Updated

Museum: Antique biplane damaged in aborted takeoff; no one injured

By Daniel Dunkle | Aug 25, 2014
Courtesy of: Lt. Kirk Guerrette Knox County Sheriff's Office This 1930 Pitcairn biplane received minor damage in an aborted takeoff Aug. 23 in Owls Head. The pilot, Tom Rudder, was not injured.

Owls Head — A 1930 biplane from Owls Head Transportation Museum was damaged during an aborted takeoff Aug. 23 at about 6:20 p.m., according to a press release from the museum.

No one was injured in the crash, according to Knox County Regional Airport Manager Jeffrey Northgraves.

The plane, a 1930 Pitcairn PA-7S Sport Mailwing, was piloted by Tom Rudder, a museum volunteer, who was the only occupant.

"...A contingent of four vintage biplanes from the Owls Head Transportation Museum collection were slated to perform a flyover of the museum’s Barnstormers Ball," said the press release. The Mailwing "experienced mechanical difficulties and the pilot chose to abort takeoff. "

"The aircraft sustained minor damage and was removed from the scene by museum staff and volunteers. It will undergo repair in the museum’s aircraft restoration hangar and is expected to be flying again for the 2015 season," the press release states.

Northgraves reported the plane tipped forward onto its nose, doing minor damage, and that there was damage to the landing gear.

Representatives from the Federal Aviation Administration visited the museum Aug. 25, to perform an inspection of the aircraft, according to the museum press release, and the representatives classified the occurrence as an “incident.”

"Under FAA guidelines an incident is equated to an aircraft-involved situation where very minimal damage occurs," the museum reported.

"This incident was not a crash or crash-landing," the museum reported.

The Knox County Sheriff's Office responded to the incident.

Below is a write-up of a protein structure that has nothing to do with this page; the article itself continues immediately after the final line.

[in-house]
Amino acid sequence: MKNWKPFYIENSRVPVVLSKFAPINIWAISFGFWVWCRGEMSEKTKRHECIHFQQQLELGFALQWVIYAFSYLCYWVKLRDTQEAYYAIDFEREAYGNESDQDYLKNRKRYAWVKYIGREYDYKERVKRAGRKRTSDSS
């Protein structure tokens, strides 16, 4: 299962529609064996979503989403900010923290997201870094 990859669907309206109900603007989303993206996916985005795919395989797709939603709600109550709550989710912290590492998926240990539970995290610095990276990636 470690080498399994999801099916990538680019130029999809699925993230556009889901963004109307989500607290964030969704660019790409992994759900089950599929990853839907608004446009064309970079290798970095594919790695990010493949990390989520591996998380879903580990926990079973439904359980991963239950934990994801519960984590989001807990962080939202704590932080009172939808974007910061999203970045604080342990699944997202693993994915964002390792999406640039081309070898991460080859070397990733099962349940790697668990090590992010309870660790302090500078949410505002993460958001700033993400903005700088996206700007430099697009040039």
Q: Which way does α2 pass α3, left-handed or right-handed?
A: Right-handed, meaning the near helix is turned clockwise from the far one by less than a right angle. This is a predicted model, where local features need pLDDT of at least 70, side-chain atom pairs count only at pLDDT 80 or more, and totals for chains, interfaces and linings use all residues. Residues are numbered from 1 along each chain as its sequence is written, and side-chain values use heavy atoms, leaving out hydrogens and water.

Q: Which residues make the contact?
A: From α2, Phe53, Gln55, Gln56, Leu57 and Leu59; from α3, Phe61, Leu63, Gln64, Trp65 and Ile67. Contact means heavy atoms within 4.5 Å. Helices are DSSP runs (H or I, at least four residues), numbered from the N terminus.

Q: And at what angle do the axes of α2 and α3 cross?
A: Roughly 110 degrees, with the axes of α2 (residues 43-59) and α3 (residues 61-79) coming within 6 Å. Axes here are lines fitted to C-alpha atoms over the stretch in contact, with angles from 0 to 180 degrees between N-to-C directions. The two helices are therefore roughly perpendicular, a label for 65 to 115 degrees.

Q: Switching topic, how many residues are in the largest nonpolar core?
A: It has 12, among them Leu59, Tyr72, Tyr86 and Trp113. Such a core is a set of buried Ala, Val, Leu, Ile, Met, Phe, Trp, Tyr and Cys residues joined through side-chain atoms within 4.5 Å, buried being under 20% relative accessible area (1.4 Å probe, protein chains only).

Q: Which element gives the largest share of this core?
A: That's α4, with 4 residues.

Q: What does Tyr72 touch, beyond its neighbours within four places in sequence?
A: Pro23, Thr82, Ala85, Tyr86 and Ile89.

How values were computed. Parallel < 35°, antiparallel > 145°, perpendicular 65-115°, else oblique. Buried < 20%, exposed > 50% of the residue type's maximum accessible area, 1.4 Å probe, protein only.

(Photo by: Lt. Kirk Guerrette Knox County Sheriff's Office)
This image shows damage the plane received to its nacelle, the housing for the engine at the front. (Courtesy of: Lt. Kirk Guerrette Knox County Sheriff's Office)
This 2013 file photo pictures a 1930 Pitcairn PA-7S Sport Mailwing. The aircraft sustained minor damage during an aborted takeoff on Saturday, August 23. It is expected to be flying again for the 2015 season. (Courtesy of: Owls Head Transportation Museum)
Comments (4)
Posted by: Bridget & Richard Qualey/Stetson | Aug 25, 2014 00:08

Maggie, I thought the same thing after I read the article that said that the plane had a "hard landing" yet someone decided to use the sensationalized use of plane "crash" in the headline.



Posted by: Maggie Trout | Aug 24, 2014 20:29

There was no "picking apart."  "Crash" is crash with an airplane falling from a height.  No need to use words that increase the severity of what occurred.  I'll leave it up to the pilots and Owls Head as to whether they'd call this a crash or not, ok?  But in no way is this "semantics."  Words do have specific meanings and implications.



Posted by: Michael McMahon | Aug 24, 2014 20:20

It's all semantics Maggie. Is not a fender bender a crash? In this case it appears to be a hard landing which resulted in a crash, which damaged the nose of the aircraft. I don't see any need to pick apart the reporting of this story. Regardless, it was a good landing because the pilot walked away.

 

 



Posted by: Maggie Trout | Aug 24, 2014 11:01

The pilot made a hard landing.  There was no "crash."  What the heck?



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Dan Dunkle
Editor
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Daniel Dunkle is editor of The Courier-Gazette and news director for Courier Publications. He lives in Rockland with his wife, Christine, who also works for Courier Publications, and two children.

Dunkle has previously served as editor of The Republican Journal in Belfast. He has worked as a reporter and photographer in the Midcoast for 15 years.

 

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